National Catholic Reporter

The Independent News Source

Spirituality

Your story and mine

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When the eighth-century prophet Isaiah had a harsh truth to communicate to his contemporaries, he wrapped his message in a ballad -- a love song that told of God's love and Israel's repeated infidelity. He warned of judgment and well-deserved punishment, but he sang of these realities, and thereby created an opening in the hearts of those who might otherwise have turned a deaf ear.

What do Americans pray for? Themselves. And maybe a sports team

When Americans aren't busy praying for themselves or their own needs -- and most of them are -- many are seeking divine intervention on behalf of a favorite sports team or the golden ticket in the lottery, according to a new survey.

About 13 percent of Americans who pray say they pray for sports teams, compared with about one in five (21 percent) who say they have prayed to win the lottery, the new survey from LifeWay Research suggests.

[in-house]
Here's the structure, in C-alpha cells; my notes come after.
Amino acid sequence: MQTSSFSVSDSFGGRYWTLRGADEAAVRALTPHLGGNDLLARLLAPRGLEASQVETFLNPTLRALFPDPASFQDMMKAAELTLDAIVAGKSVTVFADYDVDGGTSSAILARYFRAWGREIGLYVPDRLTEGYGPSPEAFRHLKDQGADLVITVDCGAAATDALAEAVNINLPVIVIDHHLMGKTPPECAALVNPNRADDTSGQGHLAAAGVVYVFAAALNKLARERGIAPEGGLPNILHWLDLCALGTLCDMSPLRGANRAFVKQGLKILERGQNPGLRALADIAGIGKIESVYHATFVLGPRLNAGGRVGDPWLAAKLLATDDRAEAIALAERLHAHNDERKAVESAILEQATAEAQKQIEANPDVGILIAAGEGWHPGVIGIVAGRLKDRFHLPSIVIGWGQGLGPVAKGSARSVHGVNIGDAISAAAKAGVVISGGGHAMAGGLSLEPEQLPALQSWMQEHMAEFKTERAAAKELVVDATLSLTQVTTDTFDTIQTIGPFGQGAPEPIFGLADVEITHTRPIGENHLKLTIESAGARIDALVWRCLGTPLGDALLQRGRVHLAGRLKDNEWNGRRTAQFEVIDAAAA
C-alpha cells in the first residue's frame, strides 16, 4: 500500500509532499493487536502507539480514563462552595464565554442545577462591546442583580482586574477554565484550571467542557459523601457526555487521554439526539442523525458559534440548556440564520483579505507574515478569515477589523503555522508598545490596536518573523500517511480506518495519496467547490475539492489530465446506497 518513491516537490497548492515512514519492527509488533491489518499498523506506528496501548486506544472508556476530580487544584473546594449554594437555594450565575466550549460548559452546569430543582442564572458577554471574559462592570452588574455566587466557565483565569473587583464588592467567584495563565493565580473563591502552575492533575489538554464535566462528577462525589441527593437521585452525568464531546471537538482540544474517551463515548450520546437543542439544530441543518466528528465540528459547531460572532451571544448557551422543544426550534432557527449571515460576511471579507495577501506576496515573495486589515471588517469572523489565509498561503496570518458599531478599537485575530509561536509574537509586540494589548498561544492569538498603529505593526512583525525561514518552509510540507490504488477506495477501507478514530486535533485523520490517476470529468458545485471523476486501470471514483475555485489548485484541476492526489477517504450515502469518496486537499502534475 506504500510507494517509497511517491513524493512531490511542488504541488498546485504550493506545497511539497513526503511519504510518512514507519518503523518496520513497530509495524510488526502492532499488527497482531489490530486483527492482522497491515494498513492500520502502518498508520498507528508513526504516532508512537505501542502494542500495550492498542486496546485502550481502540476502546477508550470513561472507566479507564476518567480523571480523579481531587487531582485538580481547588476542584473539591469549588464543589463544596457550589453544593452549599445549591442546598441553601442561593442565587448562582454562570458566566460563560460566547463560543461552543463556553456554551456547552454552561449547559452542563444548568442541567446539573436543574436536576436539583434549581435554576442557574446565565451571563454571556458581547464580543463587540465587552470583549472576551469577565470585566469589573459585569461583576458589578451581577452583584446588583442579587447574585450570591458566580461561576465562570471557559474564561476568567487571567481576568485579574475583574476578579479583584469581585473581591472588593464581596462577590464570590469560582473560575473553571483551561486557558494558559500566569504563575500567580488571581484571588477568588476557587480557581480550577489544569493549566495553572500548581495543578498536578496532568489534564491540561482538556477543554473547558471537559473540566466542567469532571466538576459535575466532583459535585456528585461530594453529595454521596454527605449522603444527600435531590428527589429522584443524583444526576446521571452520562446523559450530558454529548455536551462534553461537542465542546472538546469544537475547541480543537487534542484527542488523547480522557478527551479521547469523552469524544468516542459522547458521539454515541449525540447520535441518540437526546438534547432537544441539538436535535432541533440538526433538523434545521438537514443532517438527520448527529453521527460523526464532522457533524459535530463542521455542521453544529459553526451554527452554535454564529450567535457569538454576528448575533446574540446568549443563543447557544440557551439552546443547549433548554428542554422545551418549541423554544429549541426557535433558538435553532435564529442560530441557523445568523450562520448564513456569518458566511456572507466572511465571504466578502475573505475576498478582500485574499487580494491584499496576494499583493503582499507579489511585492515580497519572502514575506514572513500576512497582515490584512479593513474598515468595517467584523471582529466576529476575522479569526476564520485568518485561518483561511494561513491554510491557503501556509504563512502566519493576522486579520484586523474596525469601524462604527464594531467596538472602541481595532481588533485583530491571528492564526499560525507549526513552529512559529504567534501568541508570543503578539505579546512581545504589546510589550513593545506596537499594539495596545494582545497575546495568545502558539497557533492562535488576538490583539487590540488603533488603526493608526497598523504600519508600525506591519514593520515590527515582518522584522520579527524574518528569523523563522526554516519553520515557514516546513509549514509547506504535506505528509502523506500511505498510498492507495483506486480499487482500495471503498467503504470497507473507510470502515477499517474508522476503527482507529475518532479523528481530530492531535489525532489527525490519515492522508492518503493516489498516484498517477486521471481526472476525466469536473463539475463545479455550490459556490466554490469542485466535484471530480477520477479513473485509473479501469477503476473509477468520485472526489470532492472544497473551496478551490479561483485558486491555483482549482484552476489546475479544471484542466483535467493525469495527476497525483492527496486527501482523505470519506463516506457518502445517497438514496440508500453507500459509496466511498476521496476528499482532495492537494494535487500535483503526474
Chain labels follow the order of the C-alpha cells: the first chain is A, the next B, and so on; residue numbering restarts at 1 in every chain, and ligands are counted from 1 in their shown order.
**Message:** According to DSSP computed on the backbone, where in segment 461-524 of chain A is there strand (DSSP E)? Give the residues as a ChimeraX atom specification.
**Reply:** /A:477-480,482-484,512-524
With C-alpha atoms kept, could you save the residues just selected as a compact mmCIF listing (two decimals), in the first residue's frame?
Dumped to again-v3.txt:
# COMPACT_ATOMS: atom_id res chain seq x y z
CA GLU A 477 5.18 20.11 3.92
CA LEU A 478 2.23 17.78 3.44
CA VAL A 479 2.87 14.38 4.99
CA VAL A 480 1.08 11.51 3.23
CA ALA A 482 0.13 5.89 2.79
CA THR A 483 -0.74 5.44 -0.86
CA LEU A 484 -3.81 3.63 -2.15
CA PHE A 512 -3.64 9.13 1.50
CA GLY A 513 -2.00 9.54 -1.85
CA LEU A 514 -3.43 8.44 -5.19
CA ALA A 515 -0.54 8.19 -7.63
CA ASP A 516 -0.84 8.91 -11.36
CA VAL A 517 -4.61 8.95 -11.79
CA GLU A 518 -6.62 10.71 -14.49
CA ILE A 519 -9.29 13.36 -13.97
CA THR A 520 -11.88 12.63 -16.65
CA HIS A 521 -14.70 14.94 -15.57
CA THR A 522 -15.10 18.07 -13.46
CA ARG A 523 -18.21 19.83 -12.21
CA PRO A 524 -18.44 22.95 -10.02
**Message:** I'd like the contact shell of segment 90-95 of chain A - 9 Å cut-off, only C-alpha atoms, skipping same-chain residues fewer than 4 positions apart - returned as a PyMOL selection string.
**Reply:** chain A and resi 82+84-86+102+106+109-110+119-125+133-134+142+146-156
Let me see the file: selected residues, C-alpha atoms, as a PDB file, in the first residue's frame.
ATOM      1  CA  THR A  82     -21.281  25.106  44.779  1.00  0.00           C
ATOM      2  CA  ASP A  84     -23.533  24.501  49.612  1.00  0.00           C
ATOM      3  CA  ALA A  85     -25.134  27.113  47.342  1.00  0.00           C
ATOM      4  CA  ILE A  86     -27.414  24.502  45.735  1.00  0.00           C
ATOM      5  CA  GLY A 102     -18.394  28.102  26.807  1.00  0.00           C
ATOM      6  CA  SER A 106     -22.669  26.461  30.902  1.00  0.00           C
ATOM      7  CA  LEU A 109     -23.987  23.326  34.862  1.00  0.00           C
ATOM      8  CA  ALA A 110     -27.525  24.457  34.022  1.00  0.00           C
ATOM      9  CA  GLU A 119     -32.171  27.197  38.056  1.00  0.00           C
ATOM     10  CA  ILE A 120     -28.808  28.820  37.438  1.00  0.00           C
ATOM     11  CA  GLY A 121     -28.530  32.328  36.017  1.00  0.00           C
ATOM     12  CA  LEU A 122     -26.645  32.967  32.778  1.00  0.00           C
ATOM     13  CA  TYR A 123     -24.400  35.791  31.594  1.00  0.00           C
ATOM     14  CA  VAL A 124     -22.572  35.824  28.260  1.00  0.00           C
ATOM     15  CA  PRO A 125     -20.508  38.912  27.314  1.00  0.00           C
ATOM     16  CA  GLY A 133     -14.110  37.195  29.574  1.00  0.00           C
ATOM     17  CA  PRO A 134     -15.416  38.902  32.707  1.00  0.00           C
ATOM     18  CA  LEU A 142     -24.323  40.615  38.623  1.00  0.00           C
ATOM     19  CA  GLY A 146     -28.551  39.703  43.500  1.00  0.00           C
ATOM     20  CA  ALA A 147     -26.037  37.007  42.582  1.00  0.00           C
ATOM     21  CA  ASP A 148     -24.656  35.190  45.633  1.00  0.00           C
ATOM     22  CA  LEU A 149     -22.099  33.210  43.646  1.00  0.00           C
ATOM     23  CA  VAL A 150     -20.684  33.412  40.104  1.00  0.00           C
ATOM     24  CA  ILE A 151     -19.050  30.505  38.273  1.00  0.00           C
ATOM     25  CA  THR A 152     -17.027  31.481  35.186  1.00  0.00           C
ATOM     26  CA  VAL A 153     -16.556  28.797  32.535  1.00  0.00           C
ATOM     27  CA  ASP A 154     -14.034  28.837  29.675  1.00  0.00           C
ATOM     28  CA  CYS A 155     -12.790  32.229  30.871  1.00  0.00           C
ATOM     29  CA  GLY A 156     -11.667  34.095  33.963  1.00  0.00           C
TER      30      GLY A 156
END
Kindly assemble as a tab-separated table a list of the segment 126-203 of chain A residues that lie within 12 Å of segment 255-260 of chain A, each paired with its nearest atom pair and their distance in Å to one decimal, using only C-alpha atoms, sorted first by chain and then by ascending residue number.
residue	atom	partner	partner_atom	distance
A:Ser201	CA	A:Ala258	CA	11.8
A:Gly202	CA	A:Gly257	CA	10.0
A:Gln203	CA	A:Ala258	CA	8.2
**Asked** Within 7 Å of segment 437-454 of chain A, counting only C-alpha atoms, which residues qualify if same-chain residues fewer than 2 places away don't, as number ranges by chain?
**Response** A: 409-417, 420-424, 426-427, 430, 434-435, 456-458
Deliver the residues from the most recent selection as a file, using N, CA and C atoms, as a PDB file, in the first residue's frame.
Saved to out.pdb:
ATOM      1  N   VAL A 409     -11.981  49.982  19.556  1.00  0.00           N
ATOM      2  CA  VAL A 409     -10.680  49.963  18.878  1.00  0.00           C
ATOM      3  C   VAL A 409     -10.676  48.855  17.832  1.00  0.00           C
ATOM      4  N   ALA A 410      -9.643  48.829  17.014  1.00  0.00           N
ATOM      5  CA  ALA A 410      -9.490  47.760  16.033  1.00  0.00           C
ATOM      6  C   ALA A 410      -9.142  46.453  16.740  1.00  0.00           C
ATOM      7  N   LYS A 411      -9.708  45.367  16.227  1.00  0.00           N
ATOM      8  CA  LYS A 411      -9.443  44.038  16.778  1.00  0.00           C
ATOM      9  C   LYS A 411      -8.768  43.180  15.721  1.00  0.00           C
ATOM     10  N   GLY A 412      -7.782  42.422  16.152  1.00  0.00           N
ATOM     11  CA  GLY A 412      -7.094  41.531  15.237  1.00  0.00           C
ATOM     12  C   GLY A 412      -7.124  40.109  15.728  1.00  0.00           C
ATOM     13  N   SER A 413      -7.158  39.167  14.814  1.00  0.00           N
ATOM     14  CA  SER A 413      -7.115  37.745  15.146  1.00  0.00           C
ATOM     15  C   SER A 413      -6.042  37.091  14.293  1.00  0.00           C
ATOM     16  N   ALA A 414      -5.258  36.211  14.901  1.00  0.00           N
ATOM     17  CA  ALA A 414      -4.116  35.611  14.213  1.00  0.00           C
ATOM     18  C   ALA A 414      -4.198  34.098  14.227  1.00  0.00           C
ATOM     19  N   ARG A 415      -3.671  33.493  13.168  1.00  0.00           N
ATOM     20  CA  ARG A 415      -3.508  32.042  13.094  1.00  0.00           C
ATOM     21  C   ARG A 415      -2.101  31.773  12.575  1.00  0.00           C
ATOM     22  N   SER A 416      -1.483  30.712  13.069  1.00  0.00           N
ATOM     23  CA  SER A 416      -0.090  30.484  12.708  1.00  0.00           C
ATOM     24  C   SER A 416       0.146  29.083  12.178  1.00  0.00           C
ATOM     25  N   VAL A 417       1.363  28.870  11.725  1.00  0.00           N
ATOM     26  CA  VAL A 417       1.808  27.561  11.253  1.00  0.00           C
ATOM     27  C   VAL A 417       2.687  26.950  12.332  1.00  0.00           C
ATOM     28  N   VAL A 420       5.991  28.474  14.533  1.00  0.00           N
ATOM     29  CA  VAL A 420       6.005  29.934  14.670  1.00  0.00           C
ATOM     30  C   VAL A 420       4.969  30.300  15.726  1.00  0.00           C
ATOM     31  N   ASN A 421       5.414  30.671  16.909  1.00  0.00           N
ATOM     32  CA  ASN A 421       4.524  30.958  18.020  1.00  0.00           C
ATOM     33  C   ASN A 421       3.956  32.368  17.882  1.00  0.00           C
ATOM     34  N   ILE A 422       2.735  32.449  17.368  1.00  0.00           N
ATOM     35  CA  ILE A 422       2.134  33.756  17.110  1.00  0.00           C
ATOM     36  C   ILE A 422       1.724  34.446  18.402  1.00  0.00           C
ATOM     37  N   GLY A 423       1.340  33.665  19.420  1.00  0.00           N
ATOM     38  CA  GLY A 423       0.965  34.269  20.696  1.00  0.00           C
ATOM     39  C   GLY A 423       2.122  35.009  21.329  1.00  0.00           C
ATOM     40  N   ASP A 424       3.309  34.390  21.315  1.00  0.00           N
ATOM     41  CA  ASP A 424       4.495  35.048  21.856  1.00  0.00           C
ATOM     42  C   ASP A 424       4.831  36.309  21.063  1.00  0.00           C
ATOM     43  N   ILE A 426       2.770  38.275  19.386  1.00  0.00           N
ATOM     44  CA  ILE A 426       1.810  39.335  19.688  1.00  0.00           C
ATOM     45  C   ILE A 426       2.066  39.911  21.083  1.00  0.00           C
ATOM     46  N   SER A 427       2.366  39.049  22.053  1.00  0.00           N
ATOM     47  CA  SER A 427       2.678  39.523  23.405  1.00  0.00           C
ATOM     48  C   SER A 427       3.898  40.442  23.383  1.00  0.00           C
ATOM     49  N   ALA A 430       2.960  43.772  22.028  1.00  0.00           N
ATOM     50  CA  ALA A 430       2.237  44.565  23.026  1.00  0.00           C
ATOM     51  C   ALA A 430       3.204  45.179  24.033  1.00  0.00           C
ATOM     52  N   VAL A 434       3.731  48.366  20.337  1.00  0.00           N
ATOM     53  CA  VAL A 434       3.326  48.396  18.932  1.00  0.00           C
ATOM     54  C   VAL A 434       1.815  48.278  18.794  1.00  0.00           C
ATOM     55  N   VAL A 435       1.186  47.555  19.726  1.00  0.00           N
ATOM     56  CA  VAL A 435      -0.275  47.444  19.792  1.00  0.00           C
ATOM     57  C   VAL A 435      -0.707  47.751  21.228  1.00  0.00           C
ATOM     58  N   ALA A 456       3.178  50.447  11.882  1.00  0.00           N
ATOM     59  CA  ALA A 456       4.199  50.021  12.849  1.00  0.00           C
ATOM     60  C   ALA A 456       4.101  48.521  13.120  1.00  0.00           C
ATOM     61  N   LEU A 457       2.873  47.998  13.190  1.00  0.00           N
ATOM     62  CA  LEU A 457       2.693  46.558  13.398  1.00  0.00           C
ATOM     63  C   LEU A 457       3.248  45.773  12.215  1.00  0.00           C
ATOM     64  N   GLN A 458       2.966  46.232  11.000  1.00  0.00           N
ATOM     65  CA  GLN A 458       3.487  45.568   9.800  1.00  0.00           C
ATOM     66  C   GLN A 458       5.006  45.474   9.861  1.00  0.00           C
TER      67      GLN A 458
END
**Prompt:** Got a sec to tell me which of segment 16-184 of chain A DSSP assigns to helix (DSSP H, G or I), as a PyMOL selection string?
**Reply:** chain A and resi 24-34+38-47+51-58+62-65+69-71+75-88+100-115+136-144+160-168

Wrestling with God

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Not everyone's happy with God's forgiveness.

When I preached on these three readings years ago while in residence at our cathedral, I got lots of feedback -- little of it positive. One man, for instance, came up after the Eucharist and angrily informed me, "I didn't like that sermon about forgiveness at all." Then, whirling around as he was going out the door, he yelled, "Thank God my two teenage boys didn't hear that [expletive]! If they had, I'd never be able to control them again!"

The ways of the kingdom

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I have to be honest: I think this selection from Isaiah is one of the most disagreeable readings in either Testament. Who wants to be reminded that God does not share our opinions? In some way, this teaching seems to trump even the command to love our enemies because "God's ways" question enmity itself.

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